URI pharmacy professor among 14 indicted after 2012 fungal meningitis outbreak

SOUTH KINGSTOWN, R.I. — A University of Rhode Island College of Pharmacy professor implicated in a compounding pharmacy scandal in Massachusetts has been relieved of her classroom duties as her case works its way through the courts, university officials said Wednesday.

The university provided Michelle Caetano Thomas, a clinical assistant professor of pharmacy, with “an alternative work assignment outside the classroom,” spokesperson David Lavallee said in an e-mail message. Lavallee declined to identify what Thomas’s new job entails, other than to say it came with her “full cooperation.”

Thomas has worked at URI since August 2012 and earns $97,850.

“The university will continue to monitor this matter and assess the need for additional action if that becomes necessary,” Lavallee said.

Thomas, 31, of 14 Royal Court, Cumberland, was one of 14 people indicted last week in connection with a 2012 national fungal meningitis outbreak that left 64 people dead. Federal authorities say the drugs in question were produced at the New England Compounding Center, in Framingham, Mass., where Thomas worked as a pharmacist checking orders for shipment from March through August 2012, according to the indictment.

Thomas, who received a doctor of pharmacy at URI, is accused of defrauding the government by using fake patient names for prescription drugs that were then illegally shipped in bulk to Indiana and Nebraska. The phony names included L.L. Bean, Harry Potter, Mike Marker, and Carrol Sharpie, according to the indictment. She faces a count of aiding and abetting.

Thomas’s lawyer, Christopher L. Jefford, could not be reached immediately Wednesday.

Two other Rhode Islanders also face charges. Robert A. Ronzio, 40, of 30 Nipmuc Trail, North Providence, is charged with conspiracy to defraud the government for allegedly instructing the compounding center’s sales force to use fake patient names to cover up that the center was illegally manufacturing and distributing drugs in bulk without prescriptions, the indictment said. Ronzio worked in sales for the center beginning in 2010.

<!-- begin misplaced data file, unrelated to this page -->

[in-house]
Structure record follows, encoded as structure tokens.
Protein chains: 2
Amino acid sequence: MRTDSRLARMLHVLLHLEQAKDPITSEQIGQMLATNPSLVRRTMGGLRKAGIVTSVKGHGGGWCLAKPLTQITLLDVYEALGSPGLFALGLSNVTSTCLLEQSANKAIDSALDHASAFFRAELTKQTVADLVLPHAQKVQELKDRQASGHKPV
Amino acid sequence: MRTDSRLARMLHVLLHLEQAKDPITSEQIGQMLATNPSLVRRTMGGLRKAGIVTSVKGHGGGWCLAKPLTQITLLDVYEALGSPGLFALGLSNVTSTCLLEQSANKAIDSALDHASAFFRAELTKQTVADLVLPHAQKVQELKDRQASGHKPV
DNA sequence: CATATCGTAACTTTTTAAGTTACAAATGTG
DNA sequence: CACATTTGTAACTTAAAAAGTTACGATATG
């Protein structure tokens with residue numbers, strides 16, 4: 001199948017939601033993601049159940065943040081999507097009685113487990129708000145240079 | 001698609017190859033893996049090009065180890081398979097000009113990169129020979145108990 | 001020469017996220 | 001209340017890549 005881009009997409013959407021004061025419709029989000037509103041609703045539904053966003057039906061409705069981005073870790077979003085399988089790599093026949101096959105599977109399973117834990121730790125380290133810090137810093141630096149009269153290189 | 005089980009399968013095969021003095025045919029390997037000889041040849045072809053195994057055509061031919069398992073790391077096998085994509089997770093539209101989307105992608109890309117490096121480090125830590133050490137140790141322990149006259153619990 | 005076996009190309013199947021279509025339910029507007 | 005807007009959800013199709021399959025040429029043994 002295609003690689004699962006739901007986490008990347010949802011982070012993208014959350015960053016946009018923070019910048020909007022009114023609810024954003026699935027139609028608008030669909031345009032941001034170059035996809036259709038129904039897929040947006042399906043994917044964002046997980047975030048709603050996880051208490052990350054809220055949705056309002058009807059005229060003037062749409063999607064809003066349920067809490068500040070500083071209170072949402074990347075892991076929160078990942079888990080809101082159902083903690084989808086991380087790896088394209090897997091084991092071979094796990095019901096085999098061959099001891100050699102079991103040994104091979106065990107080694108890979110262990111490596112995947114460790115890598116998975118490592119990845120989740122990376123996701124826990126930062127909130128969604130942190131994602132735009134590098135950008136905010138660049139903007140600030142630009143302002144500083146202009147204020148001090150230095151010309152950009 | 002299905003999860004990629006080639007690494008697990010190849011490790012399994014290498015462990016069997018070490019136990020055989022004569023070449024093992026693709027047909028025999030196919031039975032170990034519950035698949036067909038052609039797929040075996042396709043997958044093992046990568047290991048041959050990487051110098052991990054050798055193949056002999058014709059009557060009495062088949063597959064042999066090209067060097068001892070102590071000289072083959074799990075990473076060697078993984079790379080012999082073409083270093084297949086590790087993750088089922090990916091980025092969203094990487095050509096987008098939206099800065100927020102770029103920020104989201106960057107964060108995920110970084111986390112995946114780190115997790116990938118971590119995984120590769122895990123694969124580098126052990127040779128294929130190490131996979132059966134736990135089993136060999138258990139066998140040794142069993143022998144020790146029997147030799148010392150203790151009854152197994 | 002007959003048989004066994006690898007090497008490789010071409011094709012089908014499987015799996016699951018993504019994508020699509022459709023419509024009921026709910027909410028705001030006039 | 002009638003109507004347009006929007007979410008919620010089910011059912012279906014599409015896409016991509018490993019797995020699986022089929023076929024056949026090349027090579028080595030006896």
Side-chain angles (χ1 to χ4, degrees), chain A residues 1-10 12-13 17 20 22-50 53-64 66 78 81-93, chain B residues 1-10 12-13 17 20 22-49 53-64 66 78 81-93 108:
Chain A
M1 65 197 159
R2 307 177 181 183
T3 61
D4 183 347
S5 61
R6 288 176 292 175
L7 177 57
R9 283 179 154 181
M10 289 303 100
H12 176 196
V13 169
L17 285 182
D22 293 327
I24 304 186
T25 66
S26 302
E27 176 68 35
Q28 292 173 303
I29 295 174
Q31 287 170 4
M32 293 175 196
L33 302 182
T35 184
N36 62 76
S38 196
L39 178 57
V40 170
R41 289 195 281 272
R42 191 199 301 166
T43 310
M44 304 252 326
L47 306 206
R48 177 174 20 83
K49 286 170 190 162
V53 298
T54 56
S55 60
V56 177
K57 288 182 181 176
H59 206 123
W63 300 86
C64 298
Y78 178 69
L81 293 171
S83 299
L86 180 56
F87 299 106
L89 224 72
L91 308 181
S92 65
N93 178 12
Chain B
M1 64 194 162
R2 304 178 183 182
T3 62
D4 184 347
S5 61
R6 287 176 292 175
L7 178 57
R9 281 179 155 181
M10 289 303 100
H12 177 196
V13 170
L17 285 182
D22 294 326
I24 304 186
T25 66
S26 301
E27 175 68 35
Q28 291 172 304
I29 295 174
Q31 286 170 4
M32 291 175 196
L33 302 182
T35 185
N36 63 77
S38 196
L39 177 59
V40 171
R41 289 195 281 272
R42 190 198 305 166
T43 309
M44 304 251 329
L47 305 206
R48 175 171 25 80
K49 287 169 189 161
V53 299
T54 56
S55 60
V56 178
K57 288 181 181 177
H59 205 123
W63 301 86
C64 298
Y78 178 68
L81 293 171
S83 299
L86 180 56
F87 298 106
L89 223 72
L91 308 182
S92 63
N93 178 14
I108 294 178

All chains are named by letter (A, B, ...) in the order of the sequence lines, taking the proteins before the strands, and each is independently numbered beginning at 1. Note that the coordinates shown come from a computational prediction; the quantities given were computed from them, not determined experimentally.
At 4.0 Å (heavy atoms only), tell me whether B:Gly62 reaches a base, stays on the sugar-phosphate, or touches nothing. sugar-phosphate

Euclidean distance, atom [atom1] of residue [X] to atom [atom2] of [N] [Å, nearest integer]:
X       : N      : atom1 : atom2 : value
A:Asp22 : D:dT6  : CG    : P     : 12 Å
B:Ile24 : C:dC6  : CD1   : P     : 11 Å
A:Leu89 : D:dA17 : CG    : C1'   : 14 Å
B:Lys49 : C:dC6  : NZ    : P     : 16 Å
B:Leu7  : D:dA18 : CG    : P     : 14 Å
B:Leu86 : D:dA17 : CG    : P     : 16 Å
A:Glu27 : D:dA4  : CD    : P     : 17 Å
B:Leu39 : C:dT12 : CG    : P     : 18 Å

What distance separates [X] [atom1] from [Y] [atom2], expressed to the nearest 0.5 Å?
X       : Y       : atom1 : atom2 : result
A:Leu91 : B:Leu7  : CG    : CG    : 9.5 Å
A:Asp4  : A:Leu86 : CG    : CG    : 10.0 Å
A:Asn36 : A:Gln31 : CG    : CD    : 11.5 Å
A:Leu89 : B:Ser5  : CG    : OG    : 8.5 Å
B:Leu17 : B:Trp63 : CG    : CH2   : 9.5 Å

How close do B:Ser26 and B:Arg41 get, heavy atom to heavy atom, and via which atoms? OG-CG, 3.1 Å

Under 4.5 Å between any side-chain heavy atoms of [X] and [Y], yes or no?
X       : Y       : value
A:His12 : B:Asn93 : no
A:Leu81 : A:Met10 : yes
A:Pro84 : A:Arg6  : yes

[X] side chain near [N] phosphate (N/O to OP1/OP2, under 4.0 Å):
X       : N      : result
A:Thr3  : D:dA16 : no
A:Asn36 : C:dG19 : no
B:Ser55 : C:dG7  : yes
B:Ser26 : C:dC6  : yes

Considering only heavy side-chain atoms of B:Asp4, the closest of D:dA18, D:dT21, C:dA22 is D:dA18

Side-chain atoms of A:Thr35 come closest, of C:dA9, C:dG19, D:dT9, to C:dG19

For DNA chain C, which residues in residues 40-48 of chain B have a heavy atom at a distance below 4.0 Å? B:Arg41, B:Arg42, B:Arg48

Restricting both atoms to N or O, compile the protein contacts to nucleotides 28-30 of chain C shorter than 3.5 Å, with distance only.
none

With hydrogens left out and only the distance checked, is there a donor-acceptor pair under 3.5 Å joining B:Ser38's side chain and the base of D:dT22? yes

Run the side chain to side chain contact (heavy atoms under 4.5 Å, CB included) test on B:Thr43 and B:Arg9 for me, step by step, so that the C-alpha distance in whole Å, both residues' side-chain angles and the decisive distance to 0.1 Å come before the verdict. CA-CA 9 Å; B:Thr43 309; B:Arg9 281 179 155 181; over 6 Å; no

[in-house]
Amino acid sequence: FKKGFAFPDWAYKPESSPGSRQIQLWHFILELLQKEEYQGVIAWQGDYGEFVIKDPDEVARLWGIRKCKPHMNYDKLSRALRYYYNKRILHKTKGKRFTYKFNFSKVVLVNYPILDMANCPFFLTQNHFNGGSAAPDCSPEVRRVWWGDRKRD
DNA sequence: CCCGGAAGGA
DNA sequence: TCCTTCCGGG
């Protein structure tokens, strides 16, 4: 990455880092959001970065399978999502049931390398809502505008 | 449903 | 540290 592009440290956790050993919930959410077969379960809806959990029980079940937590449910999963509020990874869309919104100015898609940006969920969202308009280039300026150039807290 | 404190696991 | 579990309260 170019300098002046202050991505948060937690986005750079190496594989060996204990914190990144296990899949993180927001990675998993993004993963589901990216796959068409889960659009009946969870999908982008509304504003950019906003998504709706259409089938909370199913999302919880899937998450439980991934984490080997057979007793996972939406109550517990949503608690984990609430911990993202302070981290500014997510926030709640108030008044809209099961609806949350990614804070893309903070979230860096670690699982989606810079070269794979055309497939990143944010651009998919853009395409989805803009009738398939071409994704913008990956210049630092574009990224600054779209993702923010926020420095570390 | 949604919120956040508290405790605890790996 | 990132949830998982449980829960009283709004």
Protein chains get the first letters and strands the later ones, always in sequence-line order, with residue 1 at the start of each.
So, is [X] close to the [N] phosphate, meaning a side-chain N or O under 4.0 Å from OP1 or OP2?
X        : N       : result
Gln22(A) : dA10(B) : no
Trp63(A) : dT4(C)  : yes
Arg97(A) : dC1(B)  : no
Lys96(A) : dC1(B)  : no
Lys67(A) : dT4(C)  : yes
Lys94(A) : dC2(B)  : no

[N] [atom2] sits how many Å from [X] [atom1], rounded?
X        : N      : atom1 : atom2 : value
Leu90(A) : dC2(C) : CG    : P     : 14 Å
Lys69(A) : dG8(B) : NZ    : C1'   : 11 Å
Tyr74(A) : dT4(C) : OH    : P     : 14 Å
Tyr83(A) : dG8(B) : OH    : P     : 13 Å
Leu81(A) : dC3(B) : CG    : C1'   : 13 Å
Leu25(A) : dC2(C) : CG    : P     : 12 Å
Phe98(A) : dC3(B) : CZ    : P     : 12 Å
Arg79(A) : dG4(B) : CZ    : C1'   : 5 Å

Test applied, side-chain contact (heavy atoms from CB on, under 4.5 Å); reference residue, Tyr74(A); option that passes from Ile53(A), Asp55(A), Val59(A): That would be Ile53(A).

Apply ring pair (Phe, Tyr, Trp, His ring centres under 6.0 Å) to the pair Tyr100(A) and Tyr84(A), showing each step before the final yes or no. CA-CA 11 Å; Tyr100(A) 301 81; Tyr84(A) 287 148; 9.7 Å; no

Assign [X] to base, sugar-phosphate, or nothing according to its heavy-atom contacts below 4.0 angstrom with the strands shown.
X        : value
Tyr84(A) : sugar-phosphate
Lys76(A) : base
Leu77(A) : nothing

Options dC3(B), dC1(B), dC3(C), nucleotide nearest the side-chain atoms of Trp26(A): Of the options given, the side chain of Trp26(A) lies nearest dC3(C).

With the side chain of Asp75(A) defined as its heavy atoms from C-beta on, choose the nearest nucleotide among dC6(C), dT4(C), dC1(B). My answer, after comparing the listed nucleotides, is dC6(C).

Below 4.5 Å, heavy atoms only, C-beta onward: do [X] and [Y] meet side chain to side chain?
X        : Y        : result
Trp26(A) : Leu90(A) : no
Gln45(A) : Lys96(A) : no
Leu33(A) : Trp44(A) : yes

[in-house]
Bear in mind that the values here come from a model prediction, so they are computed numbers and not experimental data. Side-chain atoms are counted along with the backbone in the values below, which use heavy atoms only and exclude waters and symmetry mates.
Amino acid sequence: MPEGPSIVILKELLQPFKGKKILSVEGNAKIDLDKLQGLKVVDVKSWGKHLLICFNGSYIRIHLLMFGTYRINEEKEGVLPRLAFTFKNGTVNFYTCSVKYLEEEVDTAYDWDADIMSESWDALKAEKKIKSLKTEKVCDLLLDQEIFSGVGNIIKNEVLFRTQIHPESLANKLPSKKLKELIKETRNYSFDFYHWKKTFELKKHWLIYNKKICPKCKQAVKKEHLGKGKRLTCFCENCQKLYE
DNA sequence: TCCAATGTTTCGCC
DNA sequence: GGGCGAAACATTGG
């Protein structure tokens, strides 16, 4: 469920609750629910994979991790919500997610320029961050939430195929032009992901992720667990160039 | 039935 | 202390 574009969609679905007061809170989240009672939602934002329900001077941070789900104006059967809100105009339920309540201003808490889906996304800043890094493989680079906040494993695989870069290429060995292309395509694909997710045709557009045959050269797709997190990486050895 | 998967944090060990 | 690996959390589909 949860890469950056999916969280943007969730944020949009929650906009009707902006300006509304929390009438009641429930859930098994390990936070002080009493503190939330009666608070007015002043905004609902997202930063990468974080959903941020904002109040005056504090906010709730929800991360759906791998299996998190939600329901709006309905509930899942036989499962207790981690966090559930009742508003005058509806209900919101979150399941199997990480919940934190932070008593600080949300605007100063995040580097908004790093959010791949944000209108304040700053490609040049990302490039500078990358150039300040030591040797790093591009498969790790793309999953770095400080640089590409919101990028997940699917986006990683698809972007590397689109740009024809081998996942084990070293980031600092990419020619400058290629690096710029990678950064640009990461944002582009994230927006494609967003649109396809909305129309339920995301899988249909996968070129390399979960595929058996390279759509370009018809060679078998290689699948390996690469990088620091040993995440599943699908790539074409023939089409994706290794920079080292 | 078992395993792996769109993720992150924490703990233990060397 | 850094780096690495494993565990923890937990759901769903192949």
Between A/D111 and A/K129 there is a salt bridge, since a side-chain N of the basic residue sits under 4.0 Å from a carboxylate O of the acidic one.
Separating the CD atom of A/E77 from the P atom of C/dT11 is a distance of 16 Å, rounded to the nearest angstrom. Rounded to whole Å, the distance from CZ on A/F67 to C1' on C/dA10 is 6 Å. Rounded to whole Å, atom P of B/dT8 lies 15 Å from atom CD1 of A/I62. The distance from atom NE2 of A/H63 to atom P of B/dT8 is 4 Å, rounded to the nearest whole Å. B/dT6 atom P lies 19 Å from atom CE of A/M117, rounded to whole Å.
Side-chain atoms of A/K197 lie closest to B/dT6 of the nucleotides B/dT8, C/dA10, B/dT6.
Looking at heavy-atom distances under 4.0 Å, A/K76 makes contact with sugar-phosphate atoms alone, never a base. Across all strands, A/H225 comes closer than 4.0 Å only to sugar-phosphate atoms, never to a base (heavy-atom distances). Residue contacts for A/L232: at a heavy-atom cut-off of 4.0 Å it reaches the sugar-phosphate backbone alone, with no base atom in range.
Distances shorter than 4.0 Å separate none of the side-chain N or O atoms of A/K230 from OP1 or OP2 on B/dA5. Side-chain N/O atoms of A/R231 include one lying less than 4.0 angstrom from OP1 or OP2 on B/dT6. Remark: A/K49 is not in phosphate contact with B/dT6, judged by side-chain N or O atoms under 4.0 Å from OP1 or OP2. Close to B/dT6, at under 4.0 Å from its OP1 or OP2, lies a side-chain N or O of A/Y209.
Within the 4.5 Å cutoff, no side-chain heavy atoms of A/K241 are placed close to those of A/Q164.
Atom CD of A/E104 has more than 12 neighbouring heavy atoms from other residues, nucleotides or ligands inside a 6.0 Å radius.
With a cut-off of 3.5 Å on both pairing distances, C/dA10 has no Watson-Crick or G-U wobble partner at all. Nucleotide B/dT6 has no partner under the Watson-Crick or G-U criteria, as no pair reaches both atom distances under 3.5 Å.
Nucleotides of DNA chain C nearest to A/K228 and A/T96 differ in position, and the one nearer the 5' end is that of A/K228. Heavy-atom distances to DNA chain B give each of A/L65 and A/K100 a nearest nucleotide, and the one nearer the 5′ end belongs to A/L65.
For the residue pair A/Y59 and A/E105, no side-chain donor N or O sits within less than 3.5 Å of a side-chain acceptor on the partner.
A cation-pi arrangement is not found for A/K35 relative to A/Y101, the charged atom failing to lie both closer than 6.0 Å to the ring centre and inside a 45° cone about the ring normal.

Ronzio’s lawyer, Frank A. Libby, Jr., could not be reached immediately for comment Wednesday.

Scott M. Connolly, 42, of 940 Quaker Lane, East Greenwich, is charged with racketeering, conspiracy and mail fraud related to the alleged scheme. Authorities accuse Connolly of illegally working as a pharmacist technician, with his employer’s knowledge, after voluntarily surrendering his pharmacy technician license due to a disciplinary matter.

The indictment says that Connolly prepared cardiac drugs without a license and that he concealed the work by using another defendant’s username and password when operating equipment.

Connolly’s lawyer, Raymond Sayeg Jr., could not be reached immediately for comment.

The center’s owner, Barry J. Cadden, and its supervisory pharmacist, Glenn A. Chin, who was in charge of the sterile room, face the most serious charges, 25 counts of second-degree murder for deaths in seven states. They are accused in the federal racketeering indictment of “acting in wanton and willful disregard of the likelihood” of death or great bodily harm. A former Rhode Islander, Cadden holds a degree from the URI College of Pharmacy. Lawyers for Cadden and Chin could not be reached.

Accusations in the lengthy indictments include that the center used expired ingredients in drugs, failed to properly sterilize drugs and neglected to test drugs to make sure they were sterile. Others who were named face charges such as fraud and interstate sale of adulterated drugs.

More than 750 people in 20 states were sickened — about half of them with a rare fungal form of meningitis, the rest with joint or spinal infections — and 64 died. The steroids given were for medical purposes, not for body building; most patients received the injections for back pain.

The Food and Drug Administration has cited numerous unsafe practices at the pharmacy. An FDA agent also said pharmacy technicians were instructed to falsify logs to show that rooms were properly cleaned when they were not.

The compounding pharmacy gave up its license and filed for bankruptcy after it was flooded with hundreds of lawsuits filed by victims and their families.

In reaction to the outbreak, Congress in 2013 increased federal oversight of so-called compounding pharmacies, which custom-mix medications in bulk and supply them directly to hospitals and doctors. Compounding pharmacies are not subject to the same tight regulations and federal oversight as retail pharmacies.

With wire reports

Source Article from http://www.providencejournal.com/breaking-news/content/20141224-uri-pharmacy-professor-among-14-indicted-after-2012-fungal-meningitis-outbreak.ece
URI pharmacy professor among 14 indicted after 2012 fungal meningitis outbreak
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